• Consult with experienced hunters or archery experts for recommendations.
  • Test different broadheads at the archery range to assess accuracy and flight characteristics.

Additional Tips:

  • Use field points that match the weight and flight characteristics of your broadhead for accurate shooting.
  • Always practice with your chosen broadhead before hunting to ensure proficiency and confidence.
  • Consider ethical hunting practices when choosing your broadhead.
  • Never use a dull broadhead, as it can lead to unethical and inhumane kills.

By following these steps and carefully considering your individual needs and preferences, you can choose the right broadhead for a successful and ethical hunt. 

Remember, the best broadhead is the one that performs consistently and ethically under your specific hunting conditions.

Frequently Asked Questions

What are the main differences between fixed blade, removable blade, and mechanical broadheads?

The main differences lie in the blade design and deployment mechanism:

  • Fixed Blade: Single, fixed blade provides excellent penetration and durability.
  • Removable Blade: Multiple replaceable blades offer versatility and convenience.
  • Mechanical Blades retract in flight and deploy on impact, maximizing accuracy and cutting diameter.

Which broadhead is the most accurate?

Mechanical broadheads typically fly like field tips due to their streamlined design, making them highly accurate, especially at longer distances.

Which broadhead provides the best penetration?

Fixed blades excel in penetration due to their simple design and minimal energy loss. They are ideal for hunting large game with heavy bones.

Which broadhead is most suitable for target practice?

Removable blades are convenient for target practice and hunting without needing to sharpen the same blades repeatedly.

Which broadhead is the easiest to maintain?

Fixed blades are the easiest to maintain, requiring only basic sharpening tools. Mechanical broadheads are more complex and susceptible to damage.

Which broadhead is the most ethical for hunting?

Both mechanical and removable blade broadheads offer large cutting diameters, leading to faster kills and potentially more ethical hunting practices.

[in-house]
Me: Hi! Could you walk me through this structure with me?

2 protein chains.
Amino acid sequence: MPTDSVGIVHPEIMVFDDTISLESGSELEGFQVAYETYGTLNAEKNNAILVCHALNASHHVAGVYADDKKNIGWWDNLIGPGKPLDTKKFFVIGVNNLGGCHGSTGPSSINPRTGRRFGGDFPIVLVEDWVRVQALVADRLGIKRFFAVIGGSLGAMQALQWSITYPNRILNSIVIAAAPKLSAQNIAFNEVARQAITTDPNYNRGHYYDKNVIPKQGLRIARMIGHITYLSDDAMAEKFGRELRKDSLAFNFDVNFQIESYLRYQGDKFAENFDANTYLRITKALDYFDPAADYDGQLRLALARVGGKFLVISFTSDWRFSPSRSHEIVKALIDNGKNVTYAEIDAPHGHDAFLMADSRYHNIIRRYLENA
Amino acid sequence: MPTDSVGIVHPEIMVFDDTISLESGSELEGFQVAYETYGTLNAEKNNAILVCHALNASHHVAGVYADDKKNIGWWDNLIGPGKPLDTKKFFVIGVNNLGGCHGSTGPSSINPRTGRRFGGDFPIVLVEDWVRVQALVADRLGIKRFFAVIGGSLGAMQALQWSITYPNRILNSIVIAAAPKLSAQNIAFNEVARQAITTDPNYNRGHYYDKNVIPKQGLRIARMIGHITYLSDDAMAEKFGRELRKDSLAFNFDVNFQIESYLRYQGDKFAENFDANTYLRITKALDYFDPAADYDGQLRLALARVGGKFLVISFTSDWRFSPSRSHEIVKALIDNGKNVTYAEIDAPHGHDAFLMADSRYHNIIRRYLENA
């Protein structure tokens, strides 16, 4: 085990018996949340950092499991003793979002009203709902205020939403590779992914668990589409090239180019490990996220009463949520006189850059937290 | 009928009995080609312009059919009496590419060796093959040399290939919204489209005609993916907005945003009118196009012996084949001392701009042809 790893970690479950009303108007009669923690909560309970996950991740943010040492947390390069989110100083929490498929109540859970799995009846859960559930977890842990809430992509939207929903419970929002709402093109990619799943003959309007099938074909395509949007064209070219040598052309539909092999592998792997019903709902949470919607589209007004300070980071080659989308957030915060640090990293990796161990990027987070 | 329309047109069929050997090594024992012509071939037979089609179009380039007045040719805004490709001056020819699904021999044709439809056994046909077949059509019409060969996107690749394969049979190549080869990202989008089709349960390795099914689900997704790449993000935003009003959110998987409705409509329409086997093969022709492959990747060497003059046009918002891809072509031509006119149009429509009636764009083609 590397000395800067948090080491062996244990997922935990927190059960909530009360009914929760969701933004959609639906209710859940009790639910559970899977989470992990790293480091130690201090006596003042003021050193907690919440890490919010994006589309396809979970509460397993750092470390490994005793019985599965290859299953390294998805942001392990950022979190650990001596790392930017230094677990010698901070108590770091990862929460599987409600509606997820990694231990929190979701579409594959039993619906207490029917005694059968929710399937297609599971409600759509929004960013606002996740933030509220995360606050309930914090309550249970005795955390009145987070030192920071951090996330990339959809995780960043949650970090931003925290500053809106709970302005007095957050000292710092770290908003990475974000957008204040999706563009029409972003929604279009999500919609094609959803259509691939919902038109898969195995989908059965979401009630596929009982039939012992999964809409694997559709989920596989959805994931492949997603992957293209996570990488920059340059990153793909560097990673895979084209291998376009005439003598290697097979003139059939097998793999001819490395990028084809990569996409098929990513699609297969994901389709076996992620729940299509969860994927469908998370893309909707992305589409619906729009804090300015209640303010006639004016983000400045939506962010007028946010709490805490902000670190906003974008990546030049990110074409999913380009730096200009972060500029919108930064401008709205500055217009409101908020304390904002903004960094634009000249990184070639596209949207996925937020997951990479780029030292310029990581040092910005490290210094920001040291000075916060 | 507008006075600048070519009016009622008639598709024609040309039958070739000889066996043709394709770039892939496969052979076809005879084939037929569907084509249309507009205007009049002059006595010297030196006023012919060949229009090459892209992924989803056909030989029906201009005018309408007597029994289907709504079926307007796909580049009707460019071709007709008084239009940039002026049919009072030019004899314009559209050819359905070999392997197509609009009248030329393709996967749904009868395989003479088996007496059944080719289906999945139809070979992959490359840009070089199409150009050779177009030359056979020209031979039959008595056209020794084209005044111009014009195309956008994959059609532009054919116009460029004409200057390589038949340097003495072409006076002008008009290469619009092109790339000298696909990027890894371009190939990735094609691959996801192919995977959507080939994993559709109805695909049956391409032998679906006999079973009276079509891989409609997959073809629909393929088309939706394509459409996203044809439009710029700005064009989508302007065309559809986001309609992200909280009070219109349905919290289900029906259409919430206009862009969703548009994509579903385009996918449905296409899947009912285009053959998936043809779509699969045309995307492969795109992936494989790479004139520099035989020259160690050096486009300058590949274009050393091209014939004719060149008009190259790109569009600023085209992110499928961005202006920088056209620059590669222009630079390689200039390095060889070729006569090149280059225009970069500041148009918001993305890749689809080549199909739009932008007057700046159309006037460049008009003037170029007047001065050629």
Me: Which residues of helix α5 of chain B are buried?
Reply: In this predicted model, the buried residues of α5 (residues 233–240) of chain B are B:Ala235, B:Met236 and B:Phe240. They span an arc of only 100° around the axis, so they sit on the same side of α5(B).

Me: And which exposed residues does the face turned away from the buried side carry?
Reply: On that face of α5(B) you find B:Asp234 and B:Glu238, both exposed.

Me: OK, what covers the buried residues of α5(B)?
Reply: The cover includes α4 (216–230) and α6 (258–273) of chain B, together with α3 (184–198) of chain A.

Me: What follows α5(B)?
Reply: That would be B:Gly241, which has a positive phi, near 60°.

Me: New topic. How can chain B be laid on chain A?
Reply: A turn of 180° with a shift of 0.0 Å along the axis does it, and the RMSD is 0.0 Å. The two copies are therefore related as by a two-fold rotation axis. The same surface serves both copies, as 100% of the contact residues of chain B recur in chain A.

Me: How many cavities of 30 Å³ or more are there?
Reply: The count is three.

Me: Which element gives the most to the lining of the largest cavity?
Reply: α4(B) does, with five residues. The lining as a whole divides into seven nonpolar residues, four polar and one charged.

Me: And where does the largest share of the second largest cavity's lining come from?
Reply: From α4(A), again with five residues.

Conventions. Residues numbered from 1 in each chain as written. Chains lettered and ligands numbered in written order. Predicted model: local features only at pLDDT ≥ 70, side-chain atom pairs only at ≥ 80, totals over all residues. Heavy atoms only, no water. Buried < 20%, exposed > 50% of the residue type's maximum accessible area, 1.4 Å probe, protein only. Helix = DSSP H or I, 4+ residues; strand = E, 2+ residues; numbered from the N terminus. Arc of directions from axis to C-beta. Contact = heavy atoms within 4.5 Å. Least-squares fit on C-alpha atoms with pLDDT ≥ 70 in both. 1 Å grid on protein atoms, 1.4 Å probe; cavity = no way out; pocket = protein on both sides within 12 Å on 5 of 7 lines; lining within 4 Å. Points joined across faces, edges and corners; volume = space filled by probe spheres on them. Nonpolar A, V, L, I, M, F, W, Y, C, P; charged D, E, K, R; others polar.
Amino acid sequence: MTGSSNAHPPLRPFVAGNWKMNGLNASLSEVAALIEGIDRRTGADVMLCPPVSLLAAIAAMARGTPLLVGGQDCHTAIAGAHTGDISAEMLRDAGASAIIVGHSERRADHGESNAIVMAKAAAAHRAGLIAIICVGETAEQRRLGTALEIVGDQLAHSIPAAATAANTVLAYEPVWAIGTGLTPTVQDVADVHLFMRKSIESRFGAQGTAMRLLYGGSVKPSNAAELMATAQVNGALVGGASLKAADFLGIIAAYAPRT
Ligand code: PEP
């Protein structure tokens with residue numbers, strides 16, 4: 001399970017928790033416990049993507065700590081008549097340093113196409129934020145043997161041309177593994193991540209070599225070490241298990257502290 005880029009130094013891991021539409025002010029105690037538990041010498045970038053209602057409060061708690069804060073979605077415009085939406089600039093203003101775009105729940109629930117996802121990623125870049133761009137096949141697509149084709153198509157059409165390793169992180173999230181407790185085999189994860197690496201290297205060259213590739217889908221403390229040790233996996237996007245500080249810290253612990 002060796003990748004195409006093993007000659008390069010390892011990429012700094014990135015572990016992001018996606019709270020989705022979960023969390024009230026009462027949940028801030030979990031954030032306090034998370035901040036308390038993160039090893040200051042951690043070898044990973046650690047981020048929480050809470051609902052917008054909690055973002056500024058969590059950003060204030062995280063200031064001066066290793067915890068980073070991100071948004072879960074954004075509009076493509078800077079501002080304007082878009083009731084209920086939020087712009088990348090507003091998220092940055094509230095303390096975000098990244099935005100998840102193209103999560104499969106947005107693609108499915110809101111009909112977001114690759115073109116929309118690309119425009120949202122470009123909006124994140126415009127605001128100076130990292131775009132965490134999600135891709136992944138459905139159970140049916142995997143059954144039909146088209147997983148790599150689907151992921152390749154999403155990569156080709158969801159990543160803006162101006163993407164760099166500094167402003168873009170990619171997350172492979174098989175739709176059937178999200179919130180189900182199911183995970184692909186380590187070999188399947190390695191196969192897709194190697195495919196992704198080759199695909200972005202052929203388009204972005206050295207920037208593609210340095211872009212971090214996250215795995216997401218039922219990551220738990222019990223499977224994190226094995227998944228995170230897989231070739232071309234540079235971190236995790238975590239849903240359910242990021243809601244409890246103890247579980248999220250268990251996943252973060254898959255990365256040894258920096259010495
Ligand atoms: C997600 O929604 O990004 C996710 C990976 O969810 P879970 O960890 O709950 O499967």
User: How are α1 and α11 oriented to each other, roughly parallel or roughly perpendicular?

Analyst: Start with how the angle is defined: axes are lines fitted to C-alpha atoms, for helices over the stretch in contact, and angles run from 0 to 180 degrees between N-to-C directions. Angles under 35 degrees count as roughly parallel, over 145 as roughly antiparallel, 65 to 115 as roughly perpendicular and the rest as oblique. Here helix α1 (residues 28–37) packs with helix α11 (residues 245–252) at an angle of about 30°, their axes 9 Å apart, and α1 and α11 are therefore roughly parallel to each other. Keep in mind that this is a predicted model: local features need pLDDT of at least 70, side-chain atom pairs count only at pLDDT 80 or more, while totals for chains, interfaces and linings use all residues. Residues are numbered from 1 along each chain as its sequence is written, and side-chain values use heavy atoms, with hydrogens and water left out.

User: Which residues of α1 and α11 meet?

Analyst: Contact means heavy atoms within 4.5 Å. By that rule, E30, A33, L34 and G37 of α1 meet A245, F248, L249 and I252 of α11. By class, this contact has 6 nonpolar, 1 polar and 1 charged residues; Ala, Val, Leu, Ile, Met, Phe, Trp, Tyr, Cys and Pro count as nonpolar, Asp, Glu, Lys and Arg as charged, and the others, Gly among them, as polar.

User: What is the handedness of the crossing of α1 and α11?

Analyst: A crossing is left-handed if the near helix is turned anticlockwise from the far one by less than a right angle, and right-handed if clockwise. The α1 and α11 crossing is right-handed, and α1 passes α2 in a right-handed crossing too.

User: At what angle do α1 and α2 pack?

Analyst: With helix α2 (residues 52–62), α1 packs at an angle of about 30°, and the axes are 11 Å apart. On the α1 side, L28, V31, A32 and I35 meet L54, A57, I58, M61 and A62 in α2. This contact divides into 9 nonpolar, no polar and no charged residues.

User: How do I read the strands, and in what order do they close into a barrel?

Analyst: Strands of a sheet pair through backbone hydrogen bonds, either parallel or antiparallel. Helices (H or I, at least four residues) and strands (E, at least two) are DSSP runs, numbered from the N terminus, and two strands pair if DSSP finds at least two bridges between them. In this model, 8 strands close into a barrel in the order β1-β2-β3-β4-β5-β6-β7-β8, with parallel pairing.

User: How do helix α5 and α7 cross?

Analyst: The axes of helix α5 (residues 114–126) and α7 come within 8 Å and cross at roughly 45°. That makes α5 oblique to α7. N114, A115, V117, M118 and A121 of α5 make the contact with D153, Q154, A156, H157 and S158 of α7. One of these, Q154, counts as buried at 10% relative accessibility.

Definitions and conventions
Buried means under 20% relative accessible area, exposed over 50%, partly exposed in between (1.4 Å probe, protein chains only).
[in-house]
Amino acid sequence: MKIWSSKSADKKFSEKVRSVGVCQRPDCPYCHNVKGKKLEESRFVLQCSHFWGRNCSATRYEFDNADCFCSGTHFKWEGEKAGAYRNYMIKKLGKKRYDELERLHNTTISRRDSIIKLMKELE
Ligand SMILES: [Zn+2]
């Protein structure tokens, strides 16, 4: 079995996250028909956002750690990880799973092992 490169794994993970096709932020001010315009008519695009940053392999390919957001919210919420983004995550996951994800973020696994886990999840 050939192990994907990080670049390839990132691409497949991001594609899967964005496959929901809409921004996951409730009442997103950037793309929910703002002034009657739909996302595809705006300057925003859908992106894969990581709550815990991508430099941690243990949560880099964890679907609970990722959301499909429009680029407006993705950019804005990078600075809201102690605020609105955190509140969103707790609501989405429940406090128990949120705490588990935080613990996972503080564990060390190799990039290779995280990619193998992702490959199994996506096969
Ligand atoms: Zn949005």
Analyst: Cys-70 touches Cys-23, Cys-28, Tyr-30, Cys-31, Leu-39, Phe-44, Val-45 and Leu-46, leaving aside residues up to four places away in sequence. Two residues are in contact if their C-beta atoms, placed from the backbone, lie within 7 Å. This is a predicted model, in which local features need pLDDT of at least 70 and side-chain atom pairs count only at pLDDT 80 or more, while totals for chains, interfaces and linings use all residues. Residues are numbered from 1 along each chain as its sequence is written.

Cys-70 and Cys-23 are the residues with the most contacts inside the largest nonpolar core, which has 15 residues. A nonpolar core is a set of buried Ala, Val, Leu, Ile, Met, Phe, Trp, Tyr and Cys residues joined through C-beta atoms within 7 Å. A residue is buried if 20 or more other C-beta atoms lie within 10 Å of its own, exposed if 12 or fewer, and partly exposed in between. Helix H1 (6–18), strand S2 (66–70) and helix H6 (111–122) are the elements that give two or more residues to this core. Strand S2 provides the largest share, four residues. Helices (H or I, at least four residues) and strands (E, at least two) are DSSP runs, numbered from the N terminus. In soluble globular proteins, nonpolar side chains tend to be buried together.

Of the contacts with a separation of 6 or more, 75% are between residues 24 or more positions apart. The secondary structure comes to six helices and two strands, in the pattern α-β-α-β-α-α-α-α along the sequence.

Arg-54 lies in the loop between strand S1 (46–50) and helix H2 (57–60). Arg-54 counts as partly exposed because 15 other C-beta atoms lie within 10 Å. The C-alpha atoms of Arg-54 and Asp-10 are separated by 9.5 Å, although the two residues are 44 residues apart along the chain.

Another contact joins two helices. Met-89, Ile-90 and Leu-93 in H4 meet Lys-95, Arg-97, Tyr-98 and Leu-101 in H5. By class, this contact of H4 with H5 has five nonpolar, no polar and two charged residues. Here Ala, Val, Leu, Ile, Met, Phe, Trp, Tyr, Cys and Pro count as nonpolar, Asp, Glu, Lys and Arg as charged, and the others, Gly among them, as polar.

Which broadhead is the most expensive?

Mechanical broadheads are generally the most expensive due to their complex mechanisms and intricate blades.

Which broadhead is best for high-speed bows?

Mechanical broadheads are specifically designed to handle the increased impact force generated by high-speed bows.

What factors should I consider when choosing a broadhead?

Consider your bow’s draw weight, target species, hunting style, desired accuracy and penetration, budget, and ethical considerations.

How can I ensure my broadheads are sharp?

Invest in high-quality sharpening tools and regularly sharpen your broadheads before hunting. Dull broadheads can lead to unethical and inhumane kills.


Broadheads are used for hunting big game and can be divided into three basic types: fixed blades, removable blades, and mechanical (expandable) blades. 

Fixed blade broadheads are designed to glue directly onto the arrow shaft or have a screw-in design that fits most screw-in type ferrules and can be used with adapters. 

Removable blade broadheads are designed so that the blades can be replaced on the ferrule, and there is no need to discard the entire broadhead if only the blades are damaged. 

Mechanical or expandable blade broadheads have blades that are retracted close to the ferrule before the shot and expand upon impact to expose the cutting edges. 

These blades are recommended for use only with bows rated 50 pounds or more because most mechanical blades require a certain amount of kinetic energy to open properly. 

Fixed blade broadheads are more durable and reliable than mechanical broadheads, but mechanical broadheads offer better accuracy and penetration. 

Removable blade broadheads offer the convenience of replacing only the blades that are damaged, but they may not be as durable as fixed blade broadheads.